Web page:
20 Must-See Natural Wonders in the U.S. 

The United States is home to so many natural wonders. There are great canyons, lakes, and mountains across the entirety of the country. With so many natural wonders, there’s plenty to explore in the comfort of your own country. So, why not start planning your next road trip to the next natural wonder?

Grand Tetons, Wyoming

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The Grand Tetons are a part of the Rocky Mountains with over 200 miles of hiking trails. You can take part in activities such as bird watching, fishing, climbing, and winter sports. You can pick from six campsites to stay at, giving you ample choices to find the best camping spot.

Great Sand Dunes, Colorado

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Colorado is home to sand dunes that come in at a huge 750 feet. According to the National Park Service, they’re the tallest sand dunes in America and are the backdrop to grasslands, wetlands, forests, and lakes. Activities available at the Great Sand Dunes include sandboarding and sledding, with the option to hire out equipment.

Great Smoky Mountains, North Carolina/Tennessee

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The Great Smoky Mountains are the most visited national park in all of America. They’re known for their foggy peaks that you can hike up to the top of. If you’re not as fit as you once were, there are lower-level hiking trails to also walk along. Other fun things to do include fishing, cycling, and snowshoeing.

Grand Canyon, Arizona

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Vacation writes, “The Grand Canyon is easily one of the most distinguishable landmarks in the United States, stretching 277 miles through the Arizona desert.” The Grand Canyon is so big that it’s divided into the South, North, and West Rims, each with its own unique experiences to offer.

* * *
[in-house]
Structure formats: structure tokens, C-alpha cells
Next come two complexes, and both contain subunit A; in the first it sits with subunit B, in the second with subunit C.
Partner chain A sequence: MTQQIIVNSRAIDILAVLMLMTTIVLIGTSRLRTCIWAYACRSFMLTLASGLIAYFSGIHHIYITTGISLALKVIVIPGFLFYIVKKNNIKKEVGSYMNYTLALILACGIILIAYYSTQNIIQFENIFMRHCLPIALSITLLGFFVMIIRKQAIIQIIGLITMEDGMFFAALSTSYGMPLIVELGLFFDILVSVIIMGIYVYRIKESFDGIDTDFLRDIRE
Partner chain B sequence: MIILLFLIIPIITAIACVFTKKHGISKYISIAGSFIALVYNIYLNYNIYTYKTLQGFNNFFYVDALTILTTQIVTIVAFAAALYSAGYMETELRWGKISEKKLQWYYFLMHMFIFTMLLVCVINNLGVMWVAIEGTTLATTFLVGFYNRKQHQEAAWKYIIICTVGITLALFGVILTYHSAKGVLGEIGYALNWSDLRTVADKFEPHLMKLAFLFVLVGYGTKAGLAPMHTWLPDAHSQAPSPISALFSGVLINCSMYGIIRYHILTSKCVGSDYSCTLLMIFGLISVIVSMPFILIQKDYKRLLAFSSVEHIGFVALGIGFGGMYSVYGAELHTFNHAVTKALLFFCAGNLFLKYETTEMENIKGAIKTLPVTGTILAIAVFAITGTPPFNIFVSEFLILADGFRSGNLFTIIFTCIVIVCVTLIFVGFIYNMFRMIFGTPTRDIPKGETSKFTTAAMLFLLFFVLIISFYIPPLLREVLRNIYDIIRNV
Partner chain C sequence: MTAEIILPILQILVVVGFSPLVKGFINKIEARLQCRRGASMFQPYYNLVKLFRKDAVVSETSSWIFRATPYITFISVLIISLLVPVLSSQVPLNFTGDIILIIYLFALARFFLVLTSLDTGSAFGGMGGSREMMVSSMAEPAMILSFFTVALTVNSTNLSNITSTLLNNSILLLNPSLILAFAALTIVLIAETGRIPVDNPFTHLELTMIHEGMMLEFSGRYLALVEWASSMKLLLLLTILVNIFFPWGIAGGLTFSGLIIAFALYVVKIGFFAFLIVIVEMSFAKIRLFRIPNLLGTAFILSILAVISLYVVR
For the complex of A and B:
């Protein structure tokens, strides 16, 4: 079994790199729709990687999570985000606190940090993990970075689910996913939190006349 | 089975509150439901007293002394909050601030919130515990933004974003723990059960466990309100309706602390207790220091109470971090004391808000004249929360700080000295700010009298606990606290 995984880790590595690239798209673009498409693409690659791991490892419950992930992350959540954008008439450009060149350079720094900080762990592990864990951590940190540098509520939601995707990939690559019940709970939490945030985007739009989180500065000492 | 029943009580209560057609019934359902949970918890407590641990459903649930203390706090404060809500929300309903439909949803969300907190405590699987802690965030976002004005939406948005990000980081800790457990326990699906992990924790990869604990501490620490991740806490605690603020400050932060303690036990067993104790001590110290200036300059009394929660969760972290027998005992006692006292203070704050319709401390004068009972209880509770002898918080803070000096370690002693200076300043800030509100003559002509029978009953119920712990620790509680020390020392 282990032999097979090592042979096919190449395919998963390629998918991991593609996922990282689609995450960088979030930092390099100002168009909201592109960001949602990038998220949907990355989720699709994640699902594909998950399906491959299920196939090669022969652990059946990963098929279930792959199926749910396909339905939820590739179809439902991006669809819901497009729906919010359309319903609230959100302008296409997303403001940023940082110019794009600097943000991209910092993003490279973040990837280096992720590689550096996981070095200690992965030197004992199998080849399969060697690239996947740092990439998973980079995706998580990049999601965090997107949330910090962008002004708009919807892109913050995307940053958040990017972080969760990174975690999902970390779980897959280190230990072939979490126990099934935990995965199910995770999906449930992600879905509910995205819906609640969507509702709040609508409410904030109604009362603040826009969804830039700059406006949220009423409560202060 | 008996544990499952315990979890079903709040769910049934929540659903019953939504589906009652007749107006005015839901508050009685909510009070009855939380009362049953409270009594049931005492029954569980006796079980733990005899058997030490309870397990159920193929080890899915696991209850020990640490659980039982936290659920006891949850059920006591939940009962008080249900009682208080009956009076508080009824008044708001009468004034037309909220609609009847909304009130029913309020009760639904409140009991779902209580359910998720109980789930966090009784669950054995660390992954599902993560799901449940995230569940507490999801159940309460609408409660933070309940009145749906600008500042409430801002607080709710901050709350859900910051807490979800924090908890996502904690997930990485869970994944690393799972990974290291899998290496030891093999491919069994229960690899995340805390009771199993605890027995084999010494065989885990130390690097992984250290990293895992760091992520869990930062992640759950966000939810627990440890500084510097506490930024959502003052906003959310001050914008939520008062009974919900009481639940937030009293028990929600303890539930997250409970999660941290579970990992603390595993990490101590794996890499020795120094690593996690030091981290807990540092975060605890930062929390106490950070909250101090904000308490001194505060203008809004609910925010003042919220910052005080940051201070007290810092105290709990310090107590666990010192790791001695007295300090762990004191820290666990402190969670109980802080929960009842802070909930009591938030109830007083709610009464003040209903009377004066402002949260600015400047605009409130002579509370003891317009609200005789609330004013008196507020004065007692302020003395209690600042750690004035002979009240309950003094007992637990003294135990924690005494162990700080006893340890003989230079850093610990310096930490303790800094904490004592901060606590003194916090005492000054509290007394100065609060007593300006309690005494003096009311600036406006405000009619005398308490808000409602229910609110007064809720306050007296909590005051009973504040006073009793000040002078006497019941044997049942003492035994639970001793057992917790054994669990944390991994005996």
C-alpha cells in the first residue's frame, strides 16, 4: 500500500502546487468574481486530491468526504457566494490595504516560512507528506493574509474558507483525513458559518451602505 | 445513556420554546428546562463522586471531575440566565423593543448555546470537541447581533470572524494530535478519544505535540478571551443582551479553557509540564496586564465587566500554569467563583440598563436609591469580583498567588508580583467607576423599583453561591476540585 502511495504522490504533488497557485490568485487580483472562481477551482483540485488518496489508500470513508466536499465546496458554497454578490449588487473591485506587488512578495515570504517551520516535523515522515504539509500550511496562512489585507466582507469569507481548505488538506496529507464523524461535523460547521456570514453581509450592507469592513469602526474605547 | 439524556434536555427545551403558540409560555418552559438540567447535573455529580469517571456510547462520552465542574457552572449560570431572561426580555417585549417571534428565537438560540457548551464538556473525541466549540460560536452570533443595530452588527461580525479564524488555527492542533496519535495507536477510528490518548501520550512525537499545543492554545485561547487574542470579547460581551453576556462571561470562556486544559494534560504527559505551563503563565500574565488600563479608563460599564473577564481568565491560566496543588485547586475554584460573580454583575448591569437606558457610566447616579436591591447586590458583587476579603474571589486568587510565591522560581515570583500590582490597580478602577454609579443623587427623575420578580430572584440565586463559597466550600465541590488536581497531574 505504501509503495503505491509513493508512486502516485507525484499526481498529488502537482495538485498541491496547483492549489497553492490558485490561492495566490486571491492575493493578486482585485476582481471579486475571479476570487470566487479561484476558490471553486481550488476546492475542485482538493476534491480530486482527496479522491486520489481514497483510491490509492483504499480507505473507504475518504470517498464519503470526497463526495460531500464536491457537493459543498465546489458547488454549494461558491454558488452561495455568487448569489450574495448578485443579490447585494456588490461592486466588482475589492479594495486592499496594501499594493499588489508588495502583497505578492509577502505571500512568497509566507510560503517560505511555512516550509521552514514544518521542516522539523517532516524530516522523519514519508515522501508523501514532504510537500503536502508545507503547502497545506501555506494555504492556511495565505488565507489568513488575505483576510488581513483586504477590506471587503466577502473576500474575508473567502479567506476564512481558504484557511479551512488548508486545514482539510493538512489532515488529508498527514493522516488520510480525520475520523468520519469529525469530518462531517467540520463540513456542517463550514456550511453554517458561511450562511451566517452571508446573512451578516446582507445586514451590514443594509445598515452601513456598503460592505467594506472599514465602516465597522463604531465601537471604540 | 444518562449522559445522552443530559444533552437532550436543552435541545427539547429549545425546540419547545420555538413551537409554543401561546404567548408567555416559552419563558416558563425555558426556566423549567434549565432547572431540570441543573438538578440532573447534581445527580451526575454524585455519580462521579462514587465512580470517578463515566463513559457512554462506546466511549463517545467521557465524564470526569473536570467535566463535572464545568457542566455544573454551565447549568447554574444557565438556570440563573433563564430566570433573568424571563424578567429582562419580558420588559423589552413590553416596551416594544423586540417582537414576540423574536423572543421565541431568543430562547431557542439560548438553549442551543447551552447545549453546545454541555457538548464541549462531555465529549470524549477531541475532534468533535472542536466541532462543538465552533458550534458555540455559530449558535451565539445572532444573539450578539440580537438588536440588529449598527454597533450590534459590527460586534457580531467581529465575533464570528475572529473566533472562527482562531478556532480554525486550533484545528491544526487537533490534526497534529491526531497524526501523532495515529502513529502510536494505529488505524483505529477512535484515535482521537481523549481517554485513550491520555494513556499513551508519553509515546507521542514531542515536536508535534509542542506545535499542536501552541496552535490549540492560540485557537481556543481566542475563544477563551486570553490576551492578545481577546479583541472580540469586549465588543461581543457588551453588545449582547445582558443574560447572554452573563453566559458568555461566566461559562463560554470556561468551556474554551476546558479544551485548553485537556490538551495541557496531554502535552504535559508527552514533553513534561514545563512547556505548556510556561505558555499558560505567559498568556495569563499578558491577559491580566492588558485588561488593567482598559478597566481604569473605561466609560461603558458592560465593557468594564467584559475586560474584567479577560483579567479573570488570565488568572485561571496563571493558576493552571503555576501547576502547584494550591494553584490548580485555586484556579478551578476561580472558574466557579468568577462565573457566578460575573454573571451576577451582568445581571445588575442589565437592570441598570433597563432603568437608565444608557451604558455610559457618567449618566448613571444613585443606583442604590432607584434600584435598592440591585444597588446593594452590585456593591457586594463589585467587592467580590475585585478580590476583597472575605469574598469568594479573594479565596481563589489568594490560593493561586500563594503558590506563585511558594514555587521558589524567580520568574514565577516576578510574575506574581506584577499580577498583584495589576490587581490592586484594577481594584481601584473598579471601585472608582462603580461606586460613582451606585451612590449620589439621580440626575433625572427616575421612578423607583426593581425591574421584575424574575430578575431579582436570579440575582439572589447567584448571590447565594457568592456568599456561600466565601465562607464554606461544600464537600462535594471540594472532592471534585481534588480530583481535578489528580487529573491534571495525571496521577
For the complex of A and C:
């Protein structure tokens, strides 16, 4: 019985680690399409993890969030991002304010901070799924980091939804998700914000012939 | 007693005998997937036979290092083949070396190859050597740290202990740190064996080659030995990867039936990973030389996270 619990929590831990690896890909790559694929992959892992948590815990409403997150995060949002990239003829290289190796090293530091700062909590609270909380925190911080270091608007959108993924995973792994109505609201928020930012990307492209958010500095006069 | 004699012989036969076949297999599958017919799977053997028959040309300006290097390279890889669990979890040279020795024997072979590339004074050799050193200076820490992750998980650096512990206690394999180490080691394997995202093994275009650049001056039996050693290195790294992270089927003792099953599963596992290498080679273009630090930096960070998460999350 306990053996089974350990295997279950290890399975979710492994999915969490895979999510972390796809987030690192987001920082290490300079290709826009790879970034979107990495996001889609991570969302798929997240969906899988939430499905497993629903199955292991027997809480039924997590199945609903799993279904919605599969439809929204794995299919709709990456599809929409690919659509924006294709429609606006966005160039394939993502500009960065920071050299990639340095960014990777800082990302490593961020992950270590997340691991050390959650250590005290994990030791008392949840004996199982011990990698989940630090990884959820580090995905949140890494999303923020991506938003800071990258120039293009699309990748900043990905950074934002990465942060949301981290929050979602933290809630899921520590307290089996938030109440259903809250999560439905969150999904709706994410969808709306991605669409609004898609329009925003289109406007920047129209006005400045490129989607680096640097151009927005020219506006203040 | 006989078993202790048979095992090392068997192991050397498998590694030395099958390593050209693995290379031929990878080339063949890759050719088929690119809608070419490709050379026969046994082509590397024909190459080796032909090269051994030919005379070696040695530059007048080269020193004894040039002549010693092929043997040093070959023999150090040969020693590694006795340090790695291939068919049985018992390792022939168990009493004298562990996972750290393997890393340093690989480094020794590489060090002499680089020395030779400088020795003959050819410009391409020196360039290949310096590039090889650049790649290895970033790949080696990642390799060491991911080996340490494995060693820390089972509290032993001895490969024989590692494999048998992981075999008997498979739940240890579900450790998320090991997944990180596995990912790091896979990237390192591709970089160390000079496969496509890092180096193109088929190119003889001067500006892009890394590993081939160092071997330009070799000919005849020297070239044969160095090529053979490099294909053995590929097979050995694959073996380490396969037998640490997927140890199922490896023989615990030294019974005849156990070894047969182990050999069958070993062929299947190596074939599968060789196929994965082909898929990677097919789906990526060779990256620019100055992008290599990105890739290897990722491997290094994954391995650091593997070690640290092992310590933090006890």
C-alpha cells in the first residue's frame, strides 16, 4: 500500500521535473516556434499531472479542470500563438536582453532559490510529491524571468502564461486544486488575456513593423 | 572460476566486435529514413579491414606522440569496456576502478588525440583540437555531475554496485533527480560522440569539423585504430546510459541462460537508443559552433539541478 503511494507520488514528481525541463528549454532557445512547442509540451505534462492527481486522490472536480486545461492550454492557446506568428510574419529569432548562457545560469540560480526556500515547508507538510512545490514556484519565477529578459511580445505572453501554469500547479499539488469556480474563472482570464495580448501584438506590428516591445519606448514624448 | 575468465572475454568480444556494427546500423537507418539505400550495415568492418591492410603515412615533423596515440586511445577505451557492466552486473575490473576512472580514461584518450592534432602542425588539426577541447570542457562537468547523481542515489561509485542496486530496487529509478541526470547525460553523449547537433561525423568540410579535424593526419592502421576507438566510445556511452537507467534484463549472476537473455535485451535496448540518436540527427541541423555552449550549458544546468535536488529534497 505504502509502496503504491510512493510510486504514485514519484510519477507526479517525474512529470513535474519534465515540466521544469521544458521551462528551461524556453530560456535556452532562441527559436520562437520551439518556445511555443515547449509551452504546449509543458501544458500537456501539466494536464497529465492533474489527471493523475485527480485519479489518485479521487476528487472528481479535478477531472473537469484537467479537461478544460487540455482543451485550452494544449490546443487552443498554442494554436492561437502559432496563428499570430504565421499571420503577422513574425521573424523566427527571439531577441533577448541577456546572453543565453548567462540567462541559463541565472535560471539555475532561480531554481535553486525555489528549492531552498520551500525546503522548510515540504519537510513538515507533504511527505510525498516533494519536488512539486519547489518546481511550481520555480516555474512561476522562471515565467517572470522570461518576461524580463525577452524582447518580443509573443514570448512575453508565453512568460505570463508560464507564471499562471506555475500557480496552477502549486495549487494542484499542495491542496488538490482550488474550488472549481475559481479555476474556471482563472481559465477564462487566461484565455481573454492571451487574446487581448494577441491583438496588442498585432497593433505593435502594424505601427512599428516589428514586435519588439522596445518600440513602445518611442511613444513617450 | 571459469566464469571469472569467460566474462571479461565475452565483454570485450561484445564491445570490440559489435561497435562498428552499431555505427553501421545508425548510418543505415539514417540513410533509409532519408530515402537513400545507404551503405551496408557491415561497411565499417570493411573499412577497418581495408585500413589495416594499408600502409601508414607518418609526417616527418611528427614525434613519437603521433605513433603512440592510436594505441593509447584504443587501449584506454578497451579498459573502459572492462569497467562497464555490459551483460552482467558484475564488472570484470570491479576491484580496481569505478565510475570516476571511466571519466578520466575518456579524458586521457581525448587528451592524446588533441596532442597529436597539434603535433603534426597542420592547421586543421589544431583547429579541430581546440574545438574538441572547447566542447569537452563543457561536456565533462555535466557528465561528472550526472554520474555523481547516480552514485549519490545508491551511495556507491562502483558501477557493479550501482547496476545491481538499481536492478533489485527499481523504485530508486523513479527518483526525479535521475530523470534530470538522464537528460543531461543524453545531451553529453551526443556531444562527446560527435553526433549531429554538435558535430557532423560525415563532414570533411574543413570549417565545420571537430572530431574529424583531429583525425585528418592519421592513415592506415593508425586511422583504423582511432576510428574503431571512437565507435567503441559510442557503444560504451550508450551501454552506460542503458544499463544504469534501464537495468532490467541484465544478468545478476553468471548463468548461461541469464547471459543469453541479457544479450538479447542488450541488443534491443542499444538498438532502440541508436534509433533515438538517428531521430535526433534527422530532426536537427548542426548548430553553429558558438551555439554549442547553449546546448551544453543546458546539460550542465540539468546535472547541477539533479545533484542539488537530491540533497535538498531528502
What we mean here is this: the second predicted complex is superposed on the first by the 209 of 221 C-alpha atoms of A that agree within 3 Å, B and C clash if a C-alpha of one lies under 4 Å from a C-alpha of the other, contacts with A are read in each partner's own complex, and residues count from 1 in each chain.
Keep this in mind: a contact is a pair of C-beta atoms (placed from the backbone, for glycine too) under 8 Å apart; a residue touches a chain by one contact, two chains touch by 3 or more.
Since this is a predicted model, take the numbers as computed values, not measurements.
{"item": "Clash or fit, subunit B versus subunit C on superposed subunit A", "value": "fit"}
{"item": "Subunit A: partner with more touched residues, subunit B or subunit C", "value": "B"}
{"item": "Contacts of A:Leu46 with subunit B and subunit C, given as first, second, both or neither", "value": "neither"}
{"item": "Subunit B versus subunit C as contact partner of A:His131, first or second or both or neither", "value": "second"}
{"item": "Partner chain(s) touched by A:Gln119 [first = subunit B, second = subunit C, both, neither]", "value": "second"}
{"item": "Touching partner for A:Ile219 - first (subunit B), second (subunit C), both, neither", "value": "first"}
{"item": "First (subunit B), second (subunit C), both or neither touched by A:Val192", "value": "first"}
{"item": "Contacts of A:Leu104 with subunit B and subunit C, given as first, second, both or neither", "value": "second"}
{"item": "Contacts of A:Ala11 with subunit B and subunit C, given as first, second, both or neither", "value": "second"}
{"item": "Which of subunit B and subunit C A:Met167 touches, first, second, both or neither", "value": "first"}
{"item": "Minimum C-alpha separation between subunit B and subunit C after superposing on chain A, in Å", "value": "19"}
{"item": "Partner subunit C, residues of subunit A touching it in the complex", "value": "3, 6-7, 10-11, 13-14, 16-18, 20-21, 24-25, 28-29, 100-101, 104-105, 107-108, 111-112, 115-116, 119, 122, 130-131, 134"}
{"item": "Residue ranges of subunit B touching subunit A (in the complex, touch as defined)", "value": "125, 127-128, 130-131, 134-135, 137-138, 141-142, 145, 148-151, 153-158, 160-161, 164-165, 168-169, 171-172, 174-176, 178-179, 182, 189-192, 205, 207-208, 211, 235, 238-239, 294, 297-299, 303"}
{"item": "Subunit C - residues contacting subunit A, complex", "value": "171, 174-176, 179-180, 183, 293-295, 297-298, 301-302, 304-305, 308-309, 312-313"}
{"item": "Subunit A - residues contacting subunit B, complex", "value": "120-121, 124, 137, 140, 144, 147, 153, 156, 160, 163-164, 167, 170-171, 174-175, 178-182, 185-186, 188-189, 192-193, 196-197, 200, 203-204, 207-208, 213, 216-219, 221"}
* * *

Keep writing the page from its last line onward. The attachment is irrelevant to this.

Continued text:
Hamilton Pool, Texas

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Hamilton Pool was formed from the collapse of an underground river dome. The pool also features a 50-foot waterfall and allows visitors to swim in it all year round. It’s a beautiful preserve, and TC Parks even writes about how it’s such a unique and natural area.

Hawaii Volcanoes National Park

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This national park is home to two huge volcanoes, Kīlauea and Mauna Loa. There are scenic drives and short walks that you can take in this national park, allowing you to immerse yourself in everything it has to offer. There’s even an 11-mile Crater Rim Drive, giving you the option to stop at various viewpoints.

Hells Canyon, Idaho/Oregon

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The Forest Service writes, “Hugging the borders of northeastern Oregon and western Idaho, this national showcase holds 652,488 acres of beauty and adventure.” Hells Canyon is North America’s deepest river gorge that’s carved by the Snake River. There are scenic drives and river tours that allow you to fully explore the canyon and take in some of its spectacular views.

Mendenhall Ice Caves, Alaska

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These caves were formed by meltwater from the Mendenhall Glacier, located near Juneau. The caves are constantly changing, which means they always offer a unique experience. You can access these bright blue caves through guided tours, which will also allow you to understand the history behind them.

Great Salt Lake, Utah

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The Great Salt Lake is a remnant of Lake Bonneville, which dates all the way back to the ice age. It’s the largest salt lake in the Western Hemisphere, making it quite an experience when you visit. The lake’s saltiness always varies, and this creates a one-of-a-kind ecosystem. Popular activities here include bird watching and sailing.

Delicate Arch, Arches National Park, Utah